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Fired Columbus Police Officer Pleads Not Guilty To New Charge In Andre Hill Case

Andre Hill's daughter Karissa Hill waits to enter the courtroom where former Columbus Police Officer Adam Coy was to be arraigned for the shooting death of Andre Hill, in Columbus on Feb 5, 2021.
Jay LaPrete
/
AP
Andre Hill's daughter Karissa Hill waits to enter the courtroom where former Columbus Police Officer Adam Coy was to be arraigned for the shooting death of Andre Hill, in Columbus on Feb 5, 2021.

The fired Columbus police officer accused of killing Andre Hill pleaded not guilty to an additional criminal charge.

Former Columbus police Officer Adam Coy was arraigned Wednesday after a grand jury last week added a criminal charge of reckless homicide against him for the fatal December shooting of Hill.

Coy had been indicted in February on murder, felonious assault and dereliction of duty charges in the death of 47-year-old Hill.

Prosecutors dropped the dereliction of duty charges Wednesday. These charges wre related to Coy not turning on his body camera. Coy's attorneys successfully argued that wasn't required for what was then considered a non-emergency call.

Coy fatally shot Hill early in the morning on December 22, while responding to a non-emergency call in Northwest Columbus. Hill was inside a neighbor's garage – delivering Christmas money, according to the home owners – when Coy and another officer approached him.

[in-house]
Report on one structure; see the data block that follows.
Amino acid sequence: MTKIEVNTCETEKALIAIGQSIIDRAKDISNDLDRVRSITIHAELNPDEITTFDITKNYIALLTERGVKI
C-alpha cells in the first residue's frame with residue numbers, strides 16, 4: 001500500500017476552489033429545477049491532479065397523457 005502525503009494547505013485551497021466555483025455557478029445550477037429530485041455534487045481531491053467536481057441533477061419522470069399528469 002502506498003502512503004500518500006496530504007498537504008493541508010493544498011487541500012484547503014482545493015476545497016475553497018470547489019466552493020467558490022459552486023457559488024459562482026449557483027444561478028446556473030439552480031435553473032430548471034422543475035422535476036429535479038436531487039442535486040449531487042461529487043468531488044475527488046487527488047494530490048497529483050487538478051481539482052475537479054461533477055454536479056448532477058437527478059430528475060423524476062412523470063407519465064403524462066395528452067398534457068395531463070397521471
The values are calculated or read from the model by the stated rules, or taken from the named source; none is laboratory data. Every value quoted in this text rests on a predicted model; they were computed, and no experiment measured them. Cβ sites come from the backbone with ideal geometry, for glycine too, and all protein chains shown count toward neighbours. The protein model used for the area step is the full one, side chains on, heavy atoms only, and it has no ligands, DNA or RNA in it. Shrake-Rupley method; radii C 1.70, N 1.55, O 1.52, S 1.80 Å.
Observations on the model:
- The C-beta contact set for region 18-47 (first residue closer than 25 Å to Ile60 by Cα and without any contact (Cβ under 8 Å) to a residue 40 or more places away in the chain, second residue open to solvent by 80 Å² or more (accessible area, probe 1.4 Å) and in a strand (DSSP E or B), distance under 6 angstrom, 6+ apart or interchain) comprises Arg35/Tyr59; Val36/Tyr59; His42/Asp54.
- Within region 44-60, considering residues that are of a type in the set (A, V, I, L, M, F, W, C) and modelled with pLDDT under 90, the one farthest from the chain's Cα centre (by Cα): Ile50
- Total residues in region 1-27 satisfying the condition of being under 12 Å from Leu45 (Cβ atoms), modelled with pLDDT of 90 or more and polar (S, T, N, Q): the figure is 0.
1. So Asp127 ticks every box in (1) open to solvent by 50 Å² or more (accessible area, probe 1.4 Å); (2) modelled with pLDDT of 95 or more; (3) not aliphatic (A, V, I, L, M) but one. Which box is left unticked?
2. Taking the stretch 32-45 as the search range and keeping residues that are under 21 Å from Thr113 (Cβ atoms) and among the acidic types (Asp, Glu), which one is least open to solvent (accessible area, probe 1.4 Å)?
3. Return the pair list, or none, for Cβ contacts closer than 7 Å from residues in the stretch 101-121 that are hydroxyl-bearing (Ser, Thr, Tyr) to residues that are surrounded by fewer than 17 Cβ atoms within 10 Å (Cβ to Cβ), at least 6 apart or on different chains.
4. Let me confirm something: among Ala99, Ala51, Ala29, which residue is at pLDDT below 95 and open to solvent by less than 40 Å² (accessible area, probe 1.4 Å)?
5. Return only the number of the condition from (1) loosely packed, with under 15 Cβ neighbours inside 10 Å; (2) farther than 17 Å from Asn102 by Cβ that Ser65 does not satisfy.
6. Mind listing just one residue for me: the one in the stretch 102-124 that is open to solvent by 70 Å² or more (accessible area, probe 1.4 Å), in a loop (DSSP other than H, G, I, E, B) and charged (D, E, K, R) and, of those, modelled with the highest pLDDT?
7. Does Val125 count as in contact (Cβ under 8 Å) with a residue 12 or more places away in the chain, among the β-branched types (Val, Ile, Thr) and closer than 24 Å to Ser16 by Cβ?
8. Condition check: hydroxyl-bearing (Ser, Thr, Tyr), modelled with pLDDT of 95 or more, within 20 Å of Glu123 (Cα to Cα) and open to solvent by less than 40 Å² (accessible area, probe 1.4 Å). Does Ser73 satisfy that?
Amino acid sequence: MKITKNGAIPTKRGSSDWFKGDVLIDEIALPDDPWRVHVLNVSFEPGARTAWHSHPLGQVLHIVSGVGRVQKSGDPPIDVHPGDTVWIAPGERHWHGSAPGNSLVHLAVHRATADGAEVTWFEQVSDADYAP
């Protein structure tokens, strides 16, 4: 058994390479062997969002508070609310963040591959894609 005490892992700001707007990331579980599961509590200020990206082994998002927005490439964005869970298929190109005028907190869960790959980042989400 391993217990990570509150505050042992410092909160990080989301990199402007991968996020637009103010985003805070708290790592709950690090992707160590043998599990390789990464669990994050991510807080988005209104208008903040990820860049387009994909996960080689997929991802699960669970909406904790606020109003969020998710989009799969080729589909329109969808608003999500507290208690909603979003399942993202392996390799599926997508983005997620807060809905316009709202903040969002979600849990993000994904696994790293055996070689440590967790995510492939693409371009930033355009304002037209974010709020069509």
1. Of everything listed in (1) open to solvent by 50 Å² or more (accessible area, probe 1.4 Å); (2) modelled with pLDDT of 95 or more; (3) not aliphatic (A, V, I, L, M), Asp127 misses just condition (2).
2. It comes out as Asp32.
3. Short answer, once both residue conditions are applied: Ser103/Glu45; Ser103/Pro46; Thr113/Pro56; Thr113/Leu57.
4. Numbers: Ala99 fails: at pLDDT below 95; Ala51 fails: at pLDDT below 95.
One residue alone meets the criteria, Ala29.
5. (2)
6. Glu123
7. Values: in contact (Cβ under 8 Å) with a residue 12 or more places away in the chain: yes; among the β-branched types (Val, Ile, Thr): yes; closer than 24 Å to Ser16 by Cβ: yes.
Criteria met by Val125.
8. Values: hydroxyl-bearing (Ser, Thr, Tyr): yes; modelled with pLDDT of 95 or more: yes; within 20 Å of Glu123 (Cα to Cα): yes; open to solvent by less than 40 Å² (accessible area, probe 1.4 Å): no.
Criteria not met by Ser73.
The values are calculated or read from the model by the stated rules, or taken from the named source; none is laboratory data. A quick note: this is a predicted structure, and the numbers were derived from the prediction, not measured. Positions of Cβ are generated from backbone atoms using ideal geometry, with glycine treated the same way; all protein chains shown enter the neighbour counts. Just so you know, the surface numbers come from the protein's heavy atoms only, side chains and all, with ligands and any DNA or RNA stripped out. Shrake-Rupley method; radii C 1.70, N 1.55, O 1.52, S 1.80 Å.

However, because neither Coy or the other officer activated their body-worn cameras, there is no audio of the encounter until after Coy shot Hill. Footage from a 60-second "lookback" feature shows Coy firing his gun just seconds after Hill turned around to face officers with a cell phone in his hand. Hill was unarmed.

Coy and other officers at the scene also neglected to administer first aid to Hill for more than 10 minutes after the shooting.

Both Coy's failures to activate his bodycam and provide aid were cited by the city of Columbus in its decision to fire him the week after Hill's death.

Coy was released from the Franklin County Jail on February 9 after posting a $1 million bond.